This partnership is real

This summer, 93 children, most of whom attend our public schools, registered to participate in the Heights Summer Music Camp. They spent seven hours a day, for a week, learning about and making music, pushing themselves, and responding to new challenges and high expectations. They worked hard, mastered new content, made new friends, learned about the joys of collaboration, and made music that bolstered their confidence, motivation and commitment.

I’ve been the camp’s director since it was started by the nonprofit Reaching Heights ( in 2005. I’m proud of our work and our contribution to instrumental music in our school district and in the lives of our children. This camp would not exist, however, if it were not for our exemplary partnership with the Cleveland Heights–University Heights City School District. There is a lot of talk about partnerships, but this one is the real deal.

Both partners bring unique resources to the venture and make it possible to offer an experience that is important to children and enhances the music program in our schools. We want and need our public schools to change the lives of children, but the state demands a lot and under-invests, exerting pressure on the use of time and money. Schools can’t do everything we want them to do. Partnerships like ours can help fill the gap.

Reaching Heights provided the vision and the leadership to initiate a summer music activity that is affordable and focused on our community. We supply the administrative time needed to recruit staff and campers, organize a meaningful curriculum and manage the implementation of the camp. Our goal is to be inclusive, so we raise funds to help underwrite costs and keep fees low. No one is ever turned away because of the cost.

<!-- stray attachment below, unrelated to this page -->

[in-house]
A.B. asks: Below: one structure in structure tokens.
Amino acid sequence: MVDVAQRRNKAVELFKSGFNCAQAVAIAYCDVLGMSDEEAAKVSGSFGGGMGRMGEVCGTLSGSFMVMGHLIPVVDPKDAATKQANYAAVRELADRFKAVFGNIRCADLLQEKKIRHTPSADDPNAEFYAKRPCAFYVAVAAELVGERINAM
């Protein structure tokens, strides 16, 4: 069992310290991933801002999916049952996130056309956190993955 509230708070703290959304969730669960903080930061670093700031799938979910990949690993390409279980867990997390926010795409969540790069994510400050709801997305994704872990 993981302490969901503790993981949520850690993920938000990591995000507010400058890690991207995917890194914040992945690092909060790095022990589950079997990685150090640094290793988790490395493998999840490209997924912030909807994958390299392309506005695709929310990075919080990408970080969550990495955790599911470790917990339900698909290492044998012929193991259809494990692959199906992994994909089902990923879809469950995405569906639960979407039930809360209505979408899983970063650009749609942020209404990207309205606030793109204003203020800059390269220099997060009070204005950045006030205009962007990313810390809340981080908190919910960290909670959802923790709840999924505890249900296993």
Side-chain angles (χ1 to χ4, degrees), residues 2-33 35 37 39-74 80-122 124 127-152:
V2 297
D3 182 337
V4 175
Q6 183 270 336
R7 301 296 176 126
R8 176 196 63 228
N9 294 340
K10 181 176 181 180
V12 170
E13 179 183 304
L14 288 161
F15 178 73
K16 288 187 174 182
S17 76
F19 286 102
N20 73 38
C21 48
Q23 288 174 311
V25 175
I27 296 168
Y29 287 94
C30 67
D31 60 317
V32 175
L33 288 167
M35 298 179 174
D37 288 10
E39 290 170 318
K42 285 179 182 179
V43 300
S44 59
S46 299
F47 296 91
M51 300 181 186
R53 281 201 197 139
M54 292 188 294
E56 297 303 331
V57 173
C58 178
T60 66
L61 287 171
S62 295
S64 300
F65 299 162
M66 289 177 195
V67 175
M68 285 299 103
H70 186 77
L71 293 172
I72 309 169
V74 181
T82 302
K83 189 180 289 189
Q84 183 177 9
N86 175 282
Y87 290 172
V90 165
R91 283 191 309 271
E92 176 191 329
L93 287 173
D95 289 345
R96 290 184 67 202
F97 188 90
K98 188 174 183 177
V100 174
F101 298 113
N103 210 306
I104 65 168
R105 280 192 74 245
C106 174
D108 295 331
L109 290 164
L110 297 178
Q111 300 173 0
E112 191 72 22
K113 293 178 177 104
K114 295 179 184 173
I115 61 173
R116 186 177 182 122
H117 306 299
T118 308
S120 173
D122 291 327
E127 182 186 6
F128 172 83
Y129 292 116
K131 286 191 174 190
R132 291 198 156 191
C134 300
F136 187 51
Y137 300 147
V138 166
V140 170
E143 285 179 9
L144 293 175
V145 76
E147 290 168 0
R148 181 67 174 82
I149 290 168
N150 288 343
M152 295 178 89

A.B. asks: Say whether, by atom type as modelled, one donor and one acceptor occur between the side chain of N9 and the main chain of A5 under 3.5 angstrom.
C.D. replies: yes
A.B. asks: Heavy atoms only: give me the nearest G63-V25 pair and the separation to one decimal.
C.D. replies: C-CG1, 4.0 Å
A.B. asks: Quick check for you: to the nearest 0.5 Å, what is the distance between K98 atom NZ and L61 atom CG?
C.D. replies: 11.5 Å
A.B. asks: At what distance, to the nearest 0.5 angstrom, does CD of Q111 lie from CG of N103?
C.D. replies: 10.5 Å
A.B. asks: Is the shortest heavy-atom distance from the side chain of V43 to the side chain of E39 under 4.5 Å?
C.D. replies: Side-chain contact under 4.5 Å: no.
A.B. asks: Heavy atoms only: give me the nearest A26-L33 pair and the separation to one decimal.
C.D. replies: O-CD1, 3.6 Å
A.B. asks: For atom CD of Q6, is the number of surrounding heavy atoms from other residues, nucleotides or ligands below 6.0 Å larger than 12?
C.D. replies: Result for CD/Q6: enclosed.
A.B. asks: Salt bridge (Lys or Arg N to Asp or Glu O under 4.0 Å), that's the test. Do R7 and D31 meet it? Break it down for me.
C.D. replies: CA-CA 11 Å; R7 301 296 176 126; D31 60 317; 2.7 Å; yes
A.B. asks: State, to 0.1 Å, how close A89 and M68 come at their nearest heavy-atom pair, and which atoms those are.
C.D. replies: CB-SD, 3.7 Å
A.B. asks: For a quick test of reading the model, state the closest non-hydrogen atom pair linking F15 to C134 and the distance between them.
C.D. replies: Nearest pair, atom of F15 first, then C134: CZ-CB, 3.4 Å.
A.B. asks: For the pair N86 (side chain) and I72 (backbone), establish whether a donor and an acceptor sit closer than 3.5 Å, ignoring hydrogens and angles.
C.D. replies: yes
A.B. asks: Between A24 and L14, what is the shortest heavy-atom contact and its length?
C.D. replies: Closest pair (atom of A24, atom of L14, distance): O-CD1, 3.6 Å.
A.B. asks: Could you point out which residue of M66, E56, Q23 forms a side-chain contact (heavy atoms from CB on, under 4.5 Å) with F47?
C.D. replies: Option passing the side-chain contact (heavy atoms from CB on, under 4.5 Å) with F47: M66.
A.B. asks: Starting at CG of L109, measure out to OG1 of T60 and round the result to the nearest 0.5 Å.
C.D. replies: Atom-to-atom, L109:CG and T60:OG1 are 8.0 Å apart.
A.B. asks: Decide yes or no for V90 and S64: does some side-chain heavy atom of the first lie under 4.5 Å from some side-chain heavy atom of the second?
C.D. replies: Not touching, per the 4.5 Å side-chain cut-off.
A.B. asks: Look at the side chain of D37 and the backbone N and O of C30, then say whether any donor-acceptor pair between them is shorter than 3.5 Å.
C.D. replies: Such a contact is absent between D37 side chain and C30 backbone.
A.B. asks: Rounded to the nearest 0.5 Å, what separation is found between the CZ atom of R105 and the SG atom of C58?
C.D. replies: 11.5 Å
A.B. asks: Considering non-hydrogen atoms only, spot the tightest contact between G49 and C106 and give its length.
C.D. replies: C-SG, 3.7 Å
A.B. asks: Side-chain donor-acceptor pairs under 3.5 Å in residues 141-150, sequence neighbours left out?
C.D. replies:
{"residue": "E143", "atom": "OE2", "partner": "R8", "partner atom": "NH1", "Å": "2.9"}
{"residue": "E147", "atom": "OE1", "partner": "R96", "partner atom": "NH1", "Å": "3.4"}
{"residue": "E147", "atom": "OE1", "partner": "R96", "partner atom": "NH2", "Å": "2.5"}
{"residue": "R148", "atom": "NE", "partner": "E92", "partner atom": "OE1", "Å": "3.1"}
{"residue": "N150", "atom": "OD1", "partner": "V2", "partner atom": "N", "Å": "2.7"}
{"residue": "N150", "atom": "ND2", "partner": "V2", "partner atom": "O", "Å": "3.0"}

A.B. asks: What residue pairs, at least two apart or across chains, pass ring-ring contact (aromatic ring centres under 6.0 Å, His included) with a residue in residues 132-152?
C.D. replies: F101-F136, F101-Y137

The school district provides critical resources: space, equipment, and access to students. Without access to Heights High as the camp venue, the district-owned instruments that many campers depend on to enroll in a music class at school, or the ability to promote the camp to district students, there simply would be no camp.

The connection to the school district makes the camp logistically possible and is critical to sustaining the district’s reputation for musical excellence. We are doing more than keeping kids occupied in the summer; they are becoming members of our music community! Many of the professional camp staff teach in the district or are Heights High alumni. Camp participants are being welcomed into their high school by current Heights students who serve as mentors, and they are forming music-based bonds with other students from across the community.

Parents, of course, are also key partners. They contribute to the camp fee, get their kids to camp, value the camp experience for their children and offer support in multiple ways.

We know the arts are often second-class citizens when it comes to prioritizing how scarce public-education funds are spent. More of our students than ever rely on school-owned instruments and school-based music education to explore the life-changing experience of making music. The camp is a meaningful resource for addressing needs and pursuing equity in opportunity.

Music brings joy to our young musicians, their mentors and their teachers. I see it at camp every summer. I am grateful to every person who is part of this collaborative experience, and I am grateful that the school district sees value in a partnership built on shared goals, mutual respect and the substantial contributions of everyone involved.

Camp will never be a substitute for a robust music program in our schools, but it makes a meaningful and unique contribution.

Susie Kaeser

Susie Kaeser moved to Cleveland Heights in 1979. She is the former director of Reaching Heights, and is active with the Heights Coalition for Public Education and the League of Women Voters. A community booster, she is the author of a book about local activism, Resisting Segregation.

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Volume 17, Issue 7, Posted 7:51 AM, 06.26.2024